Regrettably, great numbers in the church in America have fallen prey to its trappings. And I am as guilty as the next.
Such distractions do not come without cost. Time spent studying Scripture gets shorted. Prayers get abbreviated. Stillness in the presence of the Lord gets squeezed out and shouted down. Over time, negligence to these disciplines helps to cultivate a dull faith. Our distractions become the very weights that entangle us and keep us from running the race set before us with endurance, eyes fixed on the Author and Finisher of our faith.
For many believers, Christ then is relegated to the sidelines. The faith professed becomes life’s footnote rather than its narrative. Christianity becomes more like just another club to which we belong rather than the definition of who we are. We become underwhelmed and apathetic.
It is in this context of personal conviction that my thoughts return to my newfound brothers and sisters in Christ an ocean and several lands away.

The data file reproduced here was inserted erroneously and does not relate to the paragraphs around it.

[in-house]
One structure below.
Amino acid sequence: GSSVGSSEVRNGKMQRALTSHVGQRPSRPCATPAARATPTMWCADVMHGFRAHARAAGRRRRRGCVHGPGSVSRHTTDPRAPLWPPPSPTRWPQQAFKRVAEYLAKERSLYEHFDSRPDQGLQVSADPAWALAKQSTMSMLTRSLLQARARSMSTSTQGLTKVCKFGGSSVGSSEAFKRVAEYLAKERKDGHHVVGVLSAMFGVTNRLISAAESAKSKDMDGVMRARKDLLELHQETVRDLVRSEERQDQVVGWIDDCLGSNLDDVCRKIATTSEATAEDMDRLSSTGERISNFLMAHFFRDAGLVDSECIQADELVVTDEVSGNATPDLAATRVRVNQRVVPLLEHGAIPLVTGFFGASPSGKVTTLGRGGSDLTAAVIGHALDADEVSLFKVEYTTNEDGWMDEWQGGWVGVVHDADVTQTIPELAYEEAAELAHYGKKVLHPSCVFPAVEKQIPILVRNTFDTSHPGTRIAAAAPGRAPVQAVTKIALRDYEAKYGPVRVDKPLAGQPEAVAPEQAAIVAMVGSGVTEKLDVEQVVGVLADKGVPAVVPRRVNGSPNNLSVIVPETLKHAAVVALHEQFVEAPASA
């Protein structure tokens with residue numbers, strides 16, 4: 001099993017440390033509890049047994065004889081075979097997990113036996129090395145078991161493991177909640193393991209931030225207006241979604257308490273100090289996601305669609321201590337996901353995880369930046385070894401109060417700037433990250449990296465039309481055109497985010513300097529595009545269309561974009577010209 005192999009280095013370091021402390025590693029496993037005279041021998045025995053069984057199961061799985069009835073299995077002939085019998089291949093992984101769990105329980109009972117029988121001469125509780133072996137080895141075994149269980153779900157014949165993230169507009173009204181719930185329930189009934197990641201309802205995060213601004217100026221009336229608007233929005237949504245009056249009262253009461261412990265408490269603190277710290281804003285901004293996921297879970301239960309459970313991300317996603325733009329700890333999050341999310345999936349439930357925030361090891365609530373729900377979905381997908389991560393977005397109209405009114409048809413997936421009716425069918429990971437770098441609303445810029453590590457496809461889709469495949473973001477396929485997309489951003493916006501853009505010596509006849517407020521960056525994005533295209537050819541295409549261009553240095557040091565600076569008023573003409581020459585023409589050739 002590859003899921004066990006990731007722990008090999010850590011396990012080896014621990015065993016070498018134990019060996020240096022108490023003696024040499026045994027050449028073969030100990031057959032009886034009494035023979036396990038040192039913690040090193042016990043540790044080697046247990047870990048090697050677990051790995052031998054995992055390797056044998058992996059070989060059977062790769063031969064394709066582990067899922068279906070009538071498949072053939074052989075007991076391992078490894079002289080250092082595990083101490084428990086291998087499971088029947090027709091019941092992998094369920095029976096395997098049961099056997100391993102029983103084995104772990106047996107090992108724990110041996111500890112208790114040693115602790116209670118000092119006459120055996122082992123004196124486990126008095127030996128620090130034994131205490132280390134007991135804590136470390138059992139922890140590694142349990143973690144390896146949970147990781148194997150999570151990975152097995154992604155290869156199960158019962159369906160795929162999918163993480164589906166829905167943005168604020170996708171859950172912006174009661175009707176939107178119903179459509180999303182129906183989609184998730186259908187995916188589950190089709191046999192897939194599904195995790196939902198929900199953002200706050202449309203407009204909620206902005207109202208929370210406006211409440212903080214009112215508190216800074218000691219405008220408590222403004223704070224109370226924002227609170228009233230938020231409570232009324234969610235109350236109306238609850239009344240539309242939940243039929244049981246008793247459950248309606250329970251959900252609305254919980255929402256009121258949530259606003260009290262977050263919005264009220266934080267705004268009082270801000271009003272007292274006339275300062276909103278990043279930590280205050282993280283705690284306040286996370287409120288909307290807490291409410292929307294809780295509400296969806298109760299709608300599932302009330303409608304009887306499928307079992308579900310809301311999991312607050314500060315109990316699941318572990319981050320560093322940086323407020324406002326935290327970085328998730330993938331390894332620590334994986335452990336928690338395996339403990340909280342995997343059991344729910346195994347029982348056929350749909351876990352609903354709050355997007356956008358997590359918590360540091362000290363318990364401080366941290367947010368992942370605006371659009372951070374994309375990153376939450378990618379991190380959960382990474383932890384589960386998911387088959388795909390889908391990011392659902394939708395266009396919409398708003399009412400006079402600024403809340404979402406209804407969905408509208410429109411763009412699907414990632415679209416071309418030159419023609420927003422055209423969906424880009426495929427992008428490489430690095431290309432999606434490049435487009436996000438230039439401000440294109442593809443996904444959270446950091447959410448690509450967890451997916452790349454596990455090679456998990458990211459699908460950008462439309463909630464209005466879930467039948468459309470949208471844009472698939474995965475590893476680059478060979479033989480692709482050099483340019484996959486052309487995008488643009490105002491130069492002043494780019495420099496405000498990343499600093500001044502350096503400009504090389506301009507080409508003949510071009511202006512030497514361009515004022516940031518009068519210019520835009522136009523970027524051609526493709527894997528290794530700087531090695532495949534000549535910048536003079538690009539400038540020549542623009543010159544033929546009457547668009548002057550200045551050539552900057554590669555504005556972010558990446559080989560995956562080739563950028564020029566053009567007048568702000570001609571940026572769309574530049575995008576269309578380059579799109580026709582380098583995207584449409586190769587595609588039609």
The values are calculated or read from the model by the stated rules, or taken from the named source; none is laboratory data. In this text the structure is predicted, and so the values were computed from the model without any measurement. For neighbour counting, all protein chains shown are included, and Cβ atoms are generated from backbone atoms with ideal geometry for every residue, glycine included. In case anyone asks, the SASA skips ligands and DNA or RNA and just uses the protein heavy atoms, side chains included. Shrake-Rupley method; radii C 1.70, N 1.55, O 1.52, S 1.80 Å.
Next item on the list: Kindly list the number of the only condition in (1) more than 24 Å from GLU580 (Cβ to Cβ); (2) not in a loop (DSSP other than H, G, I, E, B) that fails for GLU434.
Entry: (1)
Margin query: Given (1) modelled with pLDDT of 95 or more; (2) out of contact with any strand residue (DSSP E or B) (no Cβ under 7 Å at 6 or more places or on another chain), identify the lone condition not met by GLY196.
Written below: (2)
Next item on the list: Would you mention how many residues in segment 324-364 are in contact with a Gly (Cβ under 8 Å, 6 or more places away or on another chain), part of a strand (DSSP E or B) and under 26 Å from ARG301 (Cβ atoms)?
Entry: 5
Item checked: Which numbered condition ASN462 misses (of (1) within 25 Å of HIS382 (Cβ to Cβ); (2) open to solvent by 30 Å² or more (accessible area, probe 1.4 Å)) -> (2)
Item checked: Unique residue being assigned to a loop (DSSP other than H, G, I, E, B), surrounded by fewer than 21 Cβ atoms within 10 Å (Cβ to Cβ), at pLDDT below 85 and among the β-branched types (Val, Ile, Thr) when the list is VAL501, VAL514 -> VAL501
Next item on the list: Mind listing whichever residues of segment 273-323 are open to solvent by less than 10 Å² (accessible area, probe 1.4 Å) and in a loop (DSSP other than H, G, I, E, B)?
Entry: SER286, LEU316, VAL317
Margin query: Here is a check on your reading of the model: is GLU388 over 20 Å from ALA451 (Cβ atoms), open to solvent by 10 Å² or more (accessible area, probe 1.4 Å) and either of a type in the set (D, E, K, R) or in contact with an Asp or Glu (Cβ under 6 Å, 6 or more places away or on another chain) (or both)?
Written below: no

While they and countless others halfway around the world stand in the fiery furnace of affliction, do we bow at the altar of conformity? While they, like Stephen, look heavenward into the face of Jesus when brought before their earthly accusers, do we cower when asked of Him to whom we belong, fearful not of the sword but of a blow to our prestige or popularity? These are hard questions. For me, the conviction cuts like a knife.
Consumed by a culture of distractions, have we left our first love? Have we turned our cherished First Freedom enshrined in the U.S. Constitution into more bane than blessing?
Many missionaries attest that persecuted believers pity what has become of the church in America through our prosperity and liberty. That’s why they are known to pray for our persecution.
This raises another series of questions: Even as we rightfully seek the universal spread of religious liberty and unfettered communication enjoyed here in the States, are we as evangelicals in America better off spiritually than those believers who live under the iron fist of persecution? Who, really, is faring best? Where is Satan finding most success in his attacks?
Perhaps the answers are different than I had originally thought.
Certainly my persecuted friends have taught me much. And prayerfully the defining moment to which they brought me doesn’t become a fleeting one.
Doug Carlson is manager for administration and policy communications for the Ethics & Religious Liberty Commission’s Washington D.C. office.